“For me, there’s something absolutely affirming and necessary in exploring the negative . . .” Mary Jones speaks to artist Marc Handelman about multiculturalism, marble, and mountains in the latest Post Impressions.
Marc Handelman’s most recent show Geological Studies at Home and Abroad took place at Sikkema Jenkins & Co. where he is represented. He will also show at Reception Gallery in Berlin this November. Marc was a recipient of the 2011 Awards for Artists from Printed Matter, and his book Archive for a Mountain will soon be published by Publication Studios. Marc graduated from RISD in 1998 and from Columbia in 2005. I met him in his Brooklyn studio in July.
BOMBlog’s Rachel Reese talks with some of the founders and co-directors of Philadelphia’s Bodega, an artist-run exhibition and performance space in operation since 2010. Together they discuss the Philadelphia art community and Bodega’s role, as well as Bodega’s most recent exhibition Wax Apple.
When my husband and I moved to Philadelphia (now one year ago), I began to follow an exhibition space named Bodega operated by five young and ambitious artists—Elyse Derosia, Ariela Kuh, Lydia Okrent, James Pettengill, and Eric Veit—that began exhibitions around the time of our move. Having successfully survived a huge milestone, one full year of operations, I recently had the opportunity to sit and talk with the Bodega founders in depth about their exhibition programming and future goals.
Rachel Reese Can you tell me about Bodega? How many members are there and how did you meet? What was the impetus to get together and start the gallery?
Bodega There are five of us and we all know each other from having gone to Hampshire College together. We moved to Philadelphia after graduating, though not all at the same time. Lydia had been here for three years, Eric, Elyse, and Ariela for two, James for one before we started it. The possibility of starting a space seemed very tangible and interesting to us because space is pretty affordable in this city. Philadelphia has a bunch of non-commercial or collective or “alternative” art spaces, and we wanted to add to that culture but also expand it and reinterpret it in a new way. We’re not a collective and we’re definitely not driven by commercial concerns. Creating a place for performance was also a big part of the desire to start the space.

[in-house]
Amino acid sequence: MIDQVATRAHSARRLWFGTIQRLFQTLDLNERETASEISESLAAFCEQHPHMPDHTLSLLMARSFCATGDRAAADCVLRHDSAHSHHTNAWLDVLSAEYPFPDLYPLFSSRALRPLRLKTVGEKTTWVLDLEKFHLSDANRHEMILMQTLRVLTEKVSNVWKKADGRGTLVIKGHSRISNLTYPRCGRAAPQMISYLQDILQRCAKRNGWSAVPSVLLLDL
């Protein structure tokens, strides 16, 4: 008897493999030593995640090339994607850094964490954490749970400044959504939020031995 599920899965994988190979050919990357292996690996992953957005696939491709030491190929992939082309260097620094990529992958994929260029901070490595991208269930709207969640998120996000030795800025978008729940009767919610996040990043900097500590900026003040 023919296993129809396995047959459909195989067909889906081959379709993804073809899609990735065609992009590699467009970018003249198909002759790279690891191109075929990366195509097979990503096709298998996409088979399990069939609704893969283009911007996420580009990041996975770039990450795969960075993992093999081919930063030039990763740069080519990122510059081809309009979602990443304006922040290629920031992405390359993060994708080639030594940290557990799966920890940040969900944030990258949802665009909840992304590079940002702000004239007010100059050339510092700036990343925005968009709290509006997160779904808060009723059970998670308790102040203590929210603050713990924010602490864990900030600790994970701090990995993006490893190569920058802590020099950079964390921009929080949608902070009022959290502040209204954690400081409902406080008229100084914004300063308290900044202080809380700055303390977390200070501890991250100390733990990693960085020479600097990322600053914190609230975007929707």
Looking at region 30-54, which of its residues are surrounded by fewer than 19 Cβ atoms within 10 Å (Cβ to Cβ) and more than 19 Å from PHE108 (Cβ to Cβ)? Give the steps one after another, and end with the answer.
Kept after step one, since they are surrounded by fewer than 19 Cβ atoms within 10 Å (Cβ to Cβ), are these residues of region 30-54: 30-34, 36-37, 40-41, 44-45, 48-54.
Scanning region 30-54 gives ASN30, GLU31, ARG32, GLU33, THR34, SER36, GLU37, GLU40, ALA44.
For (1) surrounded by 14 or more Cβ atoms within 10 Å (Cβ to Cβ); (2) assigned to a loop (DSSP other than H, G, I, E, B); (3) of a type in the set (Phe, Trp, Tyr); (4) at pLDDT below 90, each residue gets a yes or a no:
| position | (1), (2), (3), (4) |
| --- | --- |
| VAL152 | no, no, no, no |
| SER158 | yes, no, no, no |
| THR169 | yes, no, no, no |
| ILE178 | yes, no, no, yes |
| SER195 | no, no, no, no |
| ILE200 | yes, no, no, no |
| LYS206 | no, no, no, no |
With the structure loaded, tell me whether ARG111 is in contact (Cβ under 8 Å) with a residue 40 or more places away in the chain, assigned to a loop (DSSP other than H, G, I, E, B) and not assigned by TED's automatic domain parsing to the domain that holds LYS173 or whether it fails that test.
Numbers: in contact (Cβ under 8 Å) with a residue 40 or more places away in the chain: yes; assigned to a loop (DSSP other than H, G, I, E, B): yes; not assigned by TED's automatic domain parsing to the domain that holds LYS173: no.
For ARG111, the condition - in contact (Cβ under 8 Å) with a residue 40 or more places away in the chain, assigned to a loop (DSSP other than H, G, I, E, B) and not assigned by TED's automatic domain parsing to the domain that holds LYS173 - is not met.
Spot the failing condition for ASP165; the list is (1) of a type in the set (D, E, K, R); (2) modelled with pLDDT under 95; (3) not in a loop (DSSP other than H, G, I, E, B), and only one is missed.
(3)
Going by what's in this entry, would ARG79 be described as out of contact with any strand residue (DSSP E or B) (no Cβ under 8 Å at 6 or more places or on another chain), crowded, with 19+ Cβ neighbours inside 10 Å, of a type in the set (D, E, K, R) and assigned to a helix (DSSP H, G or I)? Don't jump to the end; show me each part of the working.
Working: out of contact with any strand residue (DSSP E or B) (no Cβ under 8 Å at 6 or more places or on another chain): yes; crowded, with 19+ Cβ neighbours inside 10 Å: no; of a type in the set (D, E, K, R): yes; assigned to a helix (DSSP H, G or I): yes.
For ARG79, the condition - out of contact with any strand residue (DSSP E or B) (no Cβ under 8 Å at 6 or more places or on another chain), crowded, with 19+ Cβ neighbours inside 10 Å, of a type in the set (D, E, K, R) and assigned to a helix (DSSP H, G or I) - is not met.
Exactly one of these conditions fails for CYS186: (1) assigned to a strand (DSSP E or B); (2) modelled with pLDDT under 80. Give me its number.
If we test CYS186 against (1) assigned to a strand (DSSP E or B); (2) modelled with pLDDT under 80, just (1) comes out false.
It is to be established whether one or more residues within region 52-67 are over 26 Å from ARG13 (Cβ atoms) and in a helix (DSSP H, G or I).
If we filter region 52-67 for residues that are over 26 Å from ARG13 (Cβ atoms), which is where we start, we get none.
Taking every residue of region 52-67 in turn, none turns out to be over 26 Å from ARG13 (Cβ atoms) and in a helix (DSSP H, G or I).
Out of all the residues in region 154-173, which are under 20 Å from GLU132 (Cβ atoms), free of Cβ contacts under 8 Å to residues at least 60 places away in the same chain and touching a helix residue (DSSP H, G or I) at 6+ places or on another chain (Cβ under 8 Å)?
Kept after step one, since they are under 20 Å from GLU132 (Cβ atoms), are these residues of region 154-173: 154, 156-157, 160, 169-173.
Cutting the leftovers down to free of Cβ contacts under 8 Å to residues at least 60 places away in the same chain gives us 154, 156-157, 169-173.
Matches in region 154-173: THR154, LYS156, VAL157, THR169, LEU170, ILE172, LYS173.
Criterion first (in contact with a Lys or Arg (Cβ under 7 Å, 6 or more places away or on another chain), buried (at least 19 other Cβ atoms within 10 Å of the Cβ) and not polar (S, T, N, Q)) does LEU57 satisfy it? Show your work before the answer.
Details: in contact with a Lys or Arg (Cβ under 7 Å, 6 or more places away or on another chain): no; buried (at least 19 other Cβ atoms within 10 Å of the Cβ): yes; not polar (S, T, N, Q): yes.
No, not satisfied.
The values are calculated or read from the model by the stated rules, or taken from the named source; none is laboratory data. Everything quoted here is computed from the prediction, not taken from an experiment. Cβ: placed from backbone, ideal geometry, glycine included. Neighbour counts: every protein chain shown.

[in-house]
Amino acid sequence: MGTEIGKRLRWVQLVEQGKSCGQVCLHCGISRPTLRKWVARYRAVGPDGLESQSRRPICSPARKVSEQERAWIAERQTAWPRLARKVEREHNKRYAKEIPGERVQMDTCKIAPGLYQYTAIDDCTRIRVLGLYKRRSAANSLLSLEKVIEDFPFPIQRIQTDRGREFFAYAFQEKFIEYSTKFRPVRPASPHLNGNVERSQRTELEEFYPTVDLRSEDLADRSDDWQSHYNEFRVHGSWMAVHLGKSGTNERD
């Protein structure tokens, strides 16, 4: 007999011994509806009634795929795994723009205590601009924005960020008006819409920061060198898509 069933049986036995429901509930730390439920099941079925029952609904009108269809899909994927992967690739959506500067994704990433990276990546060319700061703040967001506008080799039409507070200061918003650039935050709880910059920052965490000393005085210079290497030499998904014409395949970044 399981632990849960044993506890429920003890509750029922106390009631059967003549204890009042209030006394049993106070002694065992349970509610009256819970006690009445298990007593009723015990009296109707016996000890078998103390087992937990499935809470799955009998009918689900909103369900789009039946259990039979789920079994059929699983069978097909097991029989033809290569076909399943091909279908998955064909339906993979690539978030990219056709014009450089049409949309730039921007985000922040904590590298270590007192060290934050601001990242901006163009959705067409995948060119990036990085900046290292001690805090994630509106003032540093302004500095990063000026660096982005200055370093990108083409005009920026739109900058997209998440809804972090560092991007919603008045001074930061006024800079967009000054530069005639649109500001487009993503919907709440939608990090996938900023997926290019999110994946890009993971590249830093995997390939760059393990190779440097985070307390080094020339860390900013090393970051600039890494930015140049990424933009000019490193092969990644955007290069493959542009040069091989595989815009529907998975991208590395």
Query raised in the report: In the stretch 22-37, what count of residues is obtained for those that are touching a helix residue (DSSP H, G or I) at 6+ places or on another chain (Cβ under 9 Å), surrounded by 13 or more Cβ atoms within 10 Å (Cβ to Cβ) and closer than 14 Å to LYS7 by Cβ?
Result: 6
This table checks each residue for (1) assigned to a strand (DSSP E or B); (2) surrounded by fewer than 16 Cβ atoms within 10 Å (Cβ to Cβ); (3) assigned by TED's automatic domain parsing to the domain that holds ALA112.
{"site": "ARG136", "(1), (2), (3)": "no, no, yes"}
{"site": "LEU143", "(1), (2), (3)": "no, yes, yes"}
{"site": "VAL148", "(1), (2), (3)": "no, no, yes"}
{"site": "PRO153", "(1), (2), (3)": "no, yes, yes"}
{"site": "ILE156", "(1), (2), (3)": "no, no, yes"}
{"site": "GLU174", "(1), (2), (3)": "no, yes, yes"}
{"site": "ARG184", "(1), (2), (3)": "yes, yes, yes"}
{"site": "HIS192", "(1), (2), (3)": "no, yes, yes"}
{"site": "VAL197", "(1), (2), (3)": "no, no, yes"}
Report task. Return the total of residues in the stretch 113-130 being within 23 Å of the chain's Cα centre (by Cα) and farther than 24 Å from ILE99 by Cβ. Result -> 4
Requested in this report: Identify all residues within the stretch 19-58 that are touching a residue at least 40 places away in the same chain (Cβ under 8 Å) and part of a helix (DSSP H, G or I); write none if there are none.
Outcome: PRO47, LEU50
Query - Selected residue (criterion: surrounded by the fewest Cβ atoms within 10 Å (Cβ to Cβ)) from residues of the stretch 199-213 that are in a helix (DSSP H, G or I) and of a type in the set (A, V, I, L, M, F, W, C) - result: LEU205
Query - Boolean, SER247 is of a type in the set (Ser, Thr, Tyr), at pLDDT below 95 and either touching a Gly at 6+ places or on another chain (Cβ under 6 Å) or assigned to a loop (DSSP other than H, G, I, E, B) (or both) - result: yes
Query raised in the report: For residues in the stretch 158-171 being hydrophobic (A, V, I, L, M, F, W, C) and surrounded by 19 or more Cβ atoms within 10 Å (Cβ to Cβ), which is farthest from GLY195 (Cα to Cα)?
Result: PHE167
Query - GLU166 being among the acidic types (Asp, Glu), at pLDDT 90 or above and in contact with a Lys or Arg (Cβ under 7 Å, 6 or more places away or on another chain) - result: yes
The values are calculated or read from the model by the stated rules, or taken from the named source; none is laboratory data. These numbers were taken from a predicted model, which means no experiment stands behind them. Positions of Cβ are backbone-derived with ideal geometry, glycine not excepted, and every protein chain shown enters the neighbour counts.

In this candid interview, photographer David LaChapelle touches on his diverse origins, what makes a subject natural, and his complex relationship with Christianity.
Perhaps best known for his dynamic, charged imagery from the 1990s, photographer David LaChapelle is experiencing a renaissance of sorts. He has emerged as a darling of the fine art photography world that had long shunned him for being too commercial. Although he spent decades capturing famous faces, it was advertisements that lent a pop aesthetic to his four books, an award-winning film, and myriad magazine covers. LaChapelle was not accepted as an artist but rather as a commercial photographer.
What we say and what we fail to say matters. Read what Kathleen MacQueen succeeds in saying about the 54th Venice Bienalle in the latest installment of Shifting Connections.
What we say and what we fail to say matters. How we are prevented from speaking matters as well. The innumerable implications of the expressed and unexpressed struck me dumb in facing the themes of war, violation, displacement, power, and isolation that course through this year’s Venice Biennale. It is, according to New York Time’s reviewer Roberta Smith, a biennial beefed up on steroids but, by looking beyond the spectacle to the smaller details, one can discern both subtle and complex exhortations to the subjects that matter in contemporary art’s most prominent arena.
“Speech matters” (Katarina Gregos, curator, Danish Pavilion).
For its second biennial in a row, the Danish committee has eschewed the tradition of national pavilions by selecting the Belgium-based Greek curator Katarina Gregos to construct an international dialogue on issues of free speech. Gregos has curated a group exhibition with only two Danes among eighteen artists or collectives from ten other countries, infusing both depth and breadth into a topic that is not simply a “thumbs up or down” decree but a complex discussion relevant to Danish society and of utmost urgency world-wide.